I have posted a snippet several times in which a researcher discusses blood sugar levels below 50 after eating which are NOT hypoglycemia, are normal, "clinically insignificant" and he describes it as a "marker" of the transition from fed to fasted metabolism. There is more to hypoglycemia than just glucose levels and in a clinical setting, it is possible to measure those things to spot the real thing (which is how they knew that below-50 readings were not hypoglycemia).

The nice part about this is that LC/HF eating addresses BOTH of them pretty effectively. So, if you're hypoglycemic and may at some point transition to D, what you need to do is pretty much the same. Except that during the hypo stage you might need to eat every 2 or 3 hours which you probably won't need to do - and it will probably become a BAD idea - if you transition to diabetes.

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Old 12-29-2013, 09:10   #8
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Originally Posted by smorgan View Post
A doctor long ago told me that hypoglycemia and diabetes are very different conditions and explained both to me in detail. Amazingly accurate detail for that long ago. He told me that while many hypoglycemics transition into diabetes, it doesn't happen the other way around and the two conditions never co-exist. I believe him until today and everything I read continues to confirm it. This is often controversial on boards, with many diabetics believing they are also hypoglycemics. Bottom line, I don't think all these theories about what constitutes a hypo (70, 60, 45, etc.) can be used to prove or disprove the foregoing but rather it should be the other way around. Unless caused by something else like insulin, some medical condition, etc. I continue to believe that non-medicated T2s don't have hypos, period. From this we can deduce what is truly a hypo. I have posted a snippet several times in which a researcher discusses blood sugar levels below 50 after eating which are NOT hypoglycemia, are normal, "clinically insignificant" and he describes it as a "marker" of the transition from fed to fasted metabolism. There is more to hypoglycemia than just glucose levels and in a clinical setting, it is possible to measure those things to spot the real thing (which is how they knew that below-50 readings were not hypoglycemia). The nice part about this is that LC/HF eating addresses BOTH of them pretty effectively. So, if you're hypoglycemic and may at some point transition to D, what you need to do is pretty much the same. Except that during the hypo stage you might need to eat every 2 or 3 hours which you probably won't need to do - and it will probably become a BAD idea - if you transition to diabetes.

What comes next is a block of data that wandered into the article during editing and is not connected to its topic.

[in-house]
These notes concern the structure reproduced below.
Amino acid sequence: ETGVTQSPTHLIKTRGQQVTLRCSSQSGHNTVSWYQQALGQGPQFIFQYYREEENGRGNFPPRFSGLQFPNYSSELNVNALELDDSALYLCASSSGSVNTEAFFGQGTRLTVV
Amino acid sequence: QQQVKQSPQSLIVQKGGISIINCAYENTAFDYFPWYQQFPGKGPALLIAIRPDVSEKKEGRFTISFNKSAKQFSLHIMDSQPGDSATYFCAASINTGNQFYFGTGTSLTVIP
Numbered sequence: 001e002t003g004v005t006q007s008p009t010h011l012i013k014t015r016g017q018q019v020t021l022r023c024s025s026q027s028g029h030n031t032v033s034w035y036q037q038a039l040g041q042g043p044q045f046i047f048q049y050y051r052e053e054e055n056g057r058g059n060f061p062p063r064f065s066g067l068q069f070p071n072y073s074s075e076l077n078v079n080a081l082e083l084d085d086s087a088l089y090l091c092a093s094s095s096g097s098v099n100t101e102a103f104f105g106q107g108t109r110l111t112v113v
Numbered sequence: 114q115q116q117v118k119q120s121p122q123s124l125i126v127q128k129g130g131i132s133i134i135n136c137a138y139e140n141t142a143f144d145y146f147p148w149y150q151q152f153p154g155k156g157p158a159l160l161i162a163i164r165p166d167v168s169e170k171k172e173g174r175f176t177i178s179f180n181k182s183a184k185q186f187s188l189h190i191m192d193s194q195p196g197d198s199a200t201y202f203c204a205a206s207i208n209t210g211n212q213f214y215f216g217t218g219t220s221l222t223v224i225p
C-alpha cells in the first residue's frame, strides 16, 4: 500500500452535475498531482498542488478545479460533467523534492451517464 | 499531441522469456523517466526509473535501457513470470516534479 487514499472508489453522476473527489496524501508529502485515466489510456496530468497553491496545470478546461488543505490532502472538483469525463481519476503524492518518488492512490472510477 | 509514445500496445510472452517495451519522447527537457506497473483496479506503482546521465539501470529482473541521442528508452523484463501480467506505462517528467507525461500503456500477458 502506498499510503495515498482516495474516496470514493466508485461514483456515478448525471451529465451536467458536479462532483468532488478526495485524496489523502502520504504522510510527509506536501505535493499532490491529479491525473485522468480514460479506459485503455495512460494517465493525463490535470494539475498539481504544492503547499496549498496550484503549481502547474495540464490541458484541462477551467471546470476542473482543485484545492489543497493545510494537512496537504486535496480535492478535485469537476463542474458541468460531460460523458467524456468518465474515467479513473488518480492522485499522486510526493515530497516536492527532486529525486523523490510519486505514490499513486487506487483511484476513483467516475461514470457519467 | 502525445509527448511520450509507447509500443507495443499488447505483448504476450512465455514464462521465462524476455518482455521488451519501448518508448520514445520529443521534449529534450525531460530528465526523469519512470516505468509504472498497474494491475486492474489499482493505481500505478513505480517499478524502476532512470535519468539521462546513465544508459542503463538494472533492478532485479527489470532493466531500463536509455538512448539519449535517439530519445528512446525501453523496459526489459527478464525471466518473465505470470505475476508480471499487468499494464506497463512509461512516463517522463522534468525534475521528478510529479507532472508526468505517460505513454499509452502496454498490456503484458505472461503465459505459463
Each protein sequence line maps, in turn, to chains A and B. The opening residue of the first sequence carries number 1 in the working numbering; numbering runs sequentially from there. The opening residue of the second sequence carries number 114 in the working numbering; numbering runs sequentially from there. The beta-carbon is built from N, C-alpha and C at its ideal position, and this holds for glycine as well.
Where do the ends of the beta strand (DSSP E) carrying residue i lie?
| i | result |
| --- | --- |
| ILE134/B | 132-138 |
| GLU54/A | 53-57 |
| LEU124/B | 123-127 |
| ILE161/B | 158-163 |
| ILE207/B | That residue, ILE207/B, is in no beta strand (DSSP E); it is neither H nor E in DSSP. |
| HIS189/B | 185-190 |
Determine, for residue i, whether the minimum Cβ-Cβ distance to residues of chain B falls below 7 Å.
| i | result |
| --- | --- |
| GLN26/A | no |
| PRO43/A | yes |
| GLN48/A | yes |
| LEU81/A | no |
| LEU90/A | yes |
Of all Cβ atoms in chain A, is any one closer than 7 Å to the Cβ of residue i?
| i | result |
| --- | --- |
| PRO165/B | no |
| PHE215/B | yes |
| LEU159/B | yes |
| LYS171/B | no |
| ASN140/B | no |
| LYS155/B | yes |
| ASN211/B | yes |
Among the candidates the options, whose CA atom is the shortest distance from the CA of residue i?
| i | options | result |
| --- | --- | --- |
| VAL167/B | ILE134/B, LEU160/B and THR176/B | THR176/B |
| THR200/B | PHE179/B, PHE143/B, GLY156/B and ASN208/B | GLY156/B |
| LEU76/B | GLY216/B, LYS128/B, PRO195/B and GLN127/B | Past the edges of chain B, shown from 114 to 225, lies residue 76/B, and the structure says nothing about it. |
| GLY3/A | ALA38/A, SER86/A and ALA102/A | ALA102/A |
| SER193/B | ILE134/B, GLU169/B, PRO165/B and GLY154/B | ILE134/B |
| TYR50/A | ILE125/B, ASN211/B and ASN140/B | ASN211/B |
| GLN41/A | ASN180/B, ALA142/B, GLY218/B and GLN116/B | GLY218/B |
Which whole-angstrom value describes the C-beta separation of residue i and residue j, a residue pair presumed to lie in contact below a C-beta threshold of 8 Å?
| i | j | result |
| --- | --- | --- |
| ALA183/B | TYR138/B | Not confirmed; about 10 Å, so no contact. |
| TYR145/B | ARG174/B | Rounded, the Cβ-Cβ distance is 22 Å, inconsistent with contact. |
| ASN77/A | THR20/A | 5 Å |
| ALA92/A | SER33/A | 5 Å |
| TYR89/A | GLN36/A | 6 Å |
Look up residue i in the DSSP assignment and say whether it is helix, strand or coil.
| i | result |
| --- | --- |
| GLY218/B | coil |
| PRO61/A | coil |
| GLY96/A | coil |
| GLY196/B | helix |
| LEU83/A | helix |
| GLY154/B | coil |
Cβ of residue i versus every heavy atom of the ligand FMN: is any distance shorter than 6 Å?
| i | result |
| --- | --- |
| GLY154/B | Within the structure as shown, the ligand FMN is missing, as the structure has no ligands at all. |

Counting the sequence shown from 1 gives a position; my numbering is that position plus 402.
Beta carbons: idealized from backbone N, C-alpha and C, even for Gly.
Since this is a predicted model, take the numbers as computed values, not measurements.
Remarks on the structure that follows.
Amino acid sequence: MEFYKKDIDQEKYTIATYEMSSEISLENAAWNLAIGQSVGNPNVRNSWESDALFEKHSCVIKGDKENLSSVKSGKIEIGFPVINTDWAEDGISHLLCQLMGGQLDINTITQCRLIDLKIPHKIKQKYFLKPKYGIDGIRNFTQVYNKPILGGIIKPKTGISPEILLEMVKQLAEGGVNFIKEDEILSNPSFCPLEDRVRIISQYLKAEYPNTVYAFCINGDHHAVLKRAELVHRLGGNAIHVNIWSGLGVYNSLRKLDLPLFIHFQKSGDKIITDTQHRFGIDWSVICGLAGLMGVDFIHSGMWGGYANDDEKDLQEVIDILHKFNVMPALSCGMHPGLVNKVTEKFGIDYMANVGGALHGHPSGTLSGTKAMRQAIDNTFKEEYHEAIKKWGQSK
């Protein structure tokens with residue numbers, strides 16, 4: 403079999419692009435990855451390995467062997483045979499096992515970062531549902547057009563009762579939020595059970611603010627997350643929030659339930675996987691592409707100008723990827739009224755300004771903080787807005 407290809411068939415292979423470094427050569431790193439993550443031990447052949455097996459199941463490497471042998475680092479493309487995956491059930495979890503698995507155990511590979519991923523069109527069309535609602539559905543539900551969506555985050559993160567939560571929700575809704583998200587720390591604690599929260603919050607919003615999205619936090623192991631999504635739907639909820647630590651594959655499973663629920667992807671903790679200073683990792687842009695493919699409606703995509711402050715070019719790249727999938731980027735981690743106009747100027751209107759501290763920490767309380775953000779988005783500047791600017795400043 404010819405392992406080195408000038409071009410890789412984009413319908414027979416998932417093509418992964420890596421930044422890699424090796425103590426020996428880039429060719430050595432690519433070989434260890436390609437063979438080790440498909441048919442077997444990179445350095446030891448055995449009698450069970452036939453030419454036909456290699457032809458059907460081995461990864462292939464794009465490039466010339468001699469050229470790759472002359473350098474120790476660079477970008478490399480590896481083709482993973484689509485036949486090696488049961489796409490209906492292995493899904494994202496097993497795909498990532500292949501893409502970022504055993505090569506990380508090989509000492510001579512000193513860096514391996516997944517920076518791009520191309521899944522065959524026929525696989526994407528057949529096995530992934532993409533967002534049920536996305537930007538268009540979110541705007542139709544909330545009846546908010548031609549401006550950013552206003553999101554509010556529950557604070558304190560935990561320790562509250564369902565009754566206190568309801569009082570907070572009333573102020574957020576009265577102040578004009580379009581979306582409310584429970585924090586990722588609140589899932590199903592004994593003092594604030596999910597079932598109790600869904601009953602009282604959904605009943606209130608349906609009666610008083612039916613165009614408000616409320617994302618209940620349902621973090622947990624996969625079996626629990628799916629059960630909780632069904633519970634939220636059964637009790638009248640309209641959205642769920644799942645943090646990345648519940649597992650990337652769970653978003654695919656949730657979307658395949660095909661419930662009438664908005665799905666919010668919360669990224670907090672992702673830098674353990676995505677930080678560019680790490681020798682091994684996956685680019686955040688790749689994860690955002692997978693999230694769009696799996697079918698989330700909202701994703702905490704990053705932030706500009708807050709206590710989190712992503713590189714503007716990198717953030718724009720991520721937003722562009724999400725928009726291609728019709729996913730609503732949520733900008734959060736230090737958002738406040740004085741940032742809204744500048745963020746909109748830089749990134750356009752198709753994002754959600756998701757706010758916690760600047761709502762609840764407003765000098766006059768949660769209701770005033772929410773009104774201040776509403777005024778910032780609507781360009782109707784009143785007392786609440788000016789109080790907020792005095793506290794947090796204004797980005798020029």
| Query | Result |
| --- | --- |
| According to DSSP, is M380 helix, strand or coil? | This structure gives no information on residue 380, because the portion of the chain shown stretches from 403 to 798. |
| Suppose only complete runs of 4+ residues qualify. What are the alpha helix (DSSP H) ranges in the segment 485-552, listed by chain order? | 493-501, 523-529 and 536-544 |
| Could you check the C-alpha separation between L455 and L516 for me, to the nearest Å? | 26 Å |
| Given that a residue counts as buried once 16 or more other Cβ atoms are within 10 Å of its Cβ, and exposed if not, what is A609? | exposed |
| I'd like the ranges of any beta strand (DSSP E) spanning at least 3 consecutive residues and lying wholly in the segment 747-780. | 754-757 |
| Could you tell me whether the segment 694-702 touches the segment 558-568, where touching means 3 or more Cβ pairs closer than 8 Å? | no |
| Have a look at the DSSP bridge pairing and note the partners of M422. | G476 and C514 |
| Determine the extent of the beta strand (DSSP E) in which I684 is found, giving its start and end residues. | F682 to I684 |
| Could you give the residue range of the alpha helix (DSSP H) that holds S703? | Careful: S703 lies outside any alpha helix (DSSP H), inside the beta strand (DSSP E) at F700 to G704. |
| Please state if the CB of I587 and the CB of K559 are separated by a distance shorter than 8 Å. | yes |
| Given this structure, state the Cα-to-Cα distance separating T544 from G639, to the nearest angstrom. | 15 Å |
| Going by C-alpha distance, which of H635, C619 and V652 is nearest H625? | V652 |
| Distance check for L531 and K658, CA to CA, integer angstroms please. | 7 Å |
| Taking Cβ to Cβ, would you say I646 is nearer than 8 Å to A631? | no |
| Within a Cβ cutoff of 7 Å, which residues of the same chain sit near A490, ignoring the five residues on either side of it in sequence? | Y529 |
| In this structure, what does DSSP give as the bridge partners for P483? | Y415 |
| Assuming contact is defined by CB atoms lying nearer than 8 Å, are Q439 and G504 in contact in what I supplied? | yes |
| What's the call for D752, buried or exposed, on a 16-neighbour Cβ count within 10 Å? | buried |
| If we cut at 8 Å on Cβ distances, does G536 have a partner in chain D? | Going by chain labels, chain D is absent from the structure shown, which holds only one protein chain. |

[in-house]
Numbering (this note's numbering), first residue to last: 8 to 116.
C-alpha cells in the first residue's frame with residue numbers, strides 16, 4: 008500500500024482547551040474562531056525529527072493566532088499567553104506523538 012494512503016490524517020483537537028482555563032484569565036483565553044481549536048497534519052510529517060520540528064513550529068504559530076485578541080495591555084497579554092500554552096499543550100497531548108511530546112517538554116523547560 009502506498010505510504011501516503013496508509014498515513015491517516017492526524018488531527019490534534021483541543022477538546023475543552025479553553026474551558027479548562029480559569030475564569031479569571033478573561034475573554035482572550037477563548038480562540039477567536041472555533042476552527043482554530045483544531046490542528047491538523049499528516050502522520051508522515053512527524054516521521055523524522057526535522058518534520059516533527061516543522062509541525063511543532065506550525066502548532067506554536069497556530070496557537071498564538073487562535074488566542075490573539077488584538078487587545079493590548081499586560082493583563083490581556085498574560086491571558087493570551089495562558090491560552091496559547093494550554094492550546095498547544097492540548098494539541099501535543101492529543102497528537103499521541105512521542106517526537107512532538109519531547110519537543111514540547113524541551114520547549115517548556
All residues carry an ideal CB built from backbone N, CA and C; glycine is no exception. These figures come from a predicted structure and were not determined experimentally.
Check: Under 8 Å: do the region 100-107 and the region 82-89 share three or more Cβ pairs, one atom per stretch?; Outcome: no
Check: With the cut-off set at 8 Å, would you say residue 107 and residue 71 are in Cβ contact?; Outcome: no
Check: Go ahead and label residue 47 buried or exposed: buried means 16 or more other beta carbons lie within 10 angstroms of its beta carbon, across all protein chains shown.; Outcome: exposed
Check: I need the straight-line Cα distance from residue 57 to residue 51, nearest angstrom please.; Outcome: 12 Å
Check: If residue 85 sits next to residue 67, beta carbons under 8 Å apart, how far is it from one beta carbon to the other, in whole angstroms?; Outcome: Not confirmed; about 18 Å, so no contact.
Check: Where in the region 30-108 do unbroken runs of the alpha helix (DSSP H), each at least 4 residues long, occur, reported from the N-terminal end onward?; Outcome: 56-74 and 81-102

I don't know, Smorgan. I'm a type 2 controlled only by diet and I feel pretty rotten on those rare occasions when I go below 50. More and more I think that my diabetes is more than just about blood sugar, however. I went into the 30s once and while I can chalk that up to be in the upper 40s with meter error, it felt like death.

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Old 12-29-2013, 09:50   #9
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I don't know, Smorgan. I'm a type 2 controlled only by diet and I feel pretty rotten on those rare occasions when I go below 50. More and more I think that my diabetes is more than just about blood sugar, however. I went into the 30s once and while I can chalk that up to be in the upper 40s with meter error, it felt like death.
I wonder if there could be other factors involved? Especially if it is infrequent.

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Old 12-29-2013, 11:41   #10
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I was reading around and found a very interesting discussion here.

He mistakenly called gluconeogenesis "converting glycogen back to glucose" when in reality it means creating glucose (mostly from amino acids), but maybe that was a mistake. Overall, it seems authoritative.

VERY interesting, at least.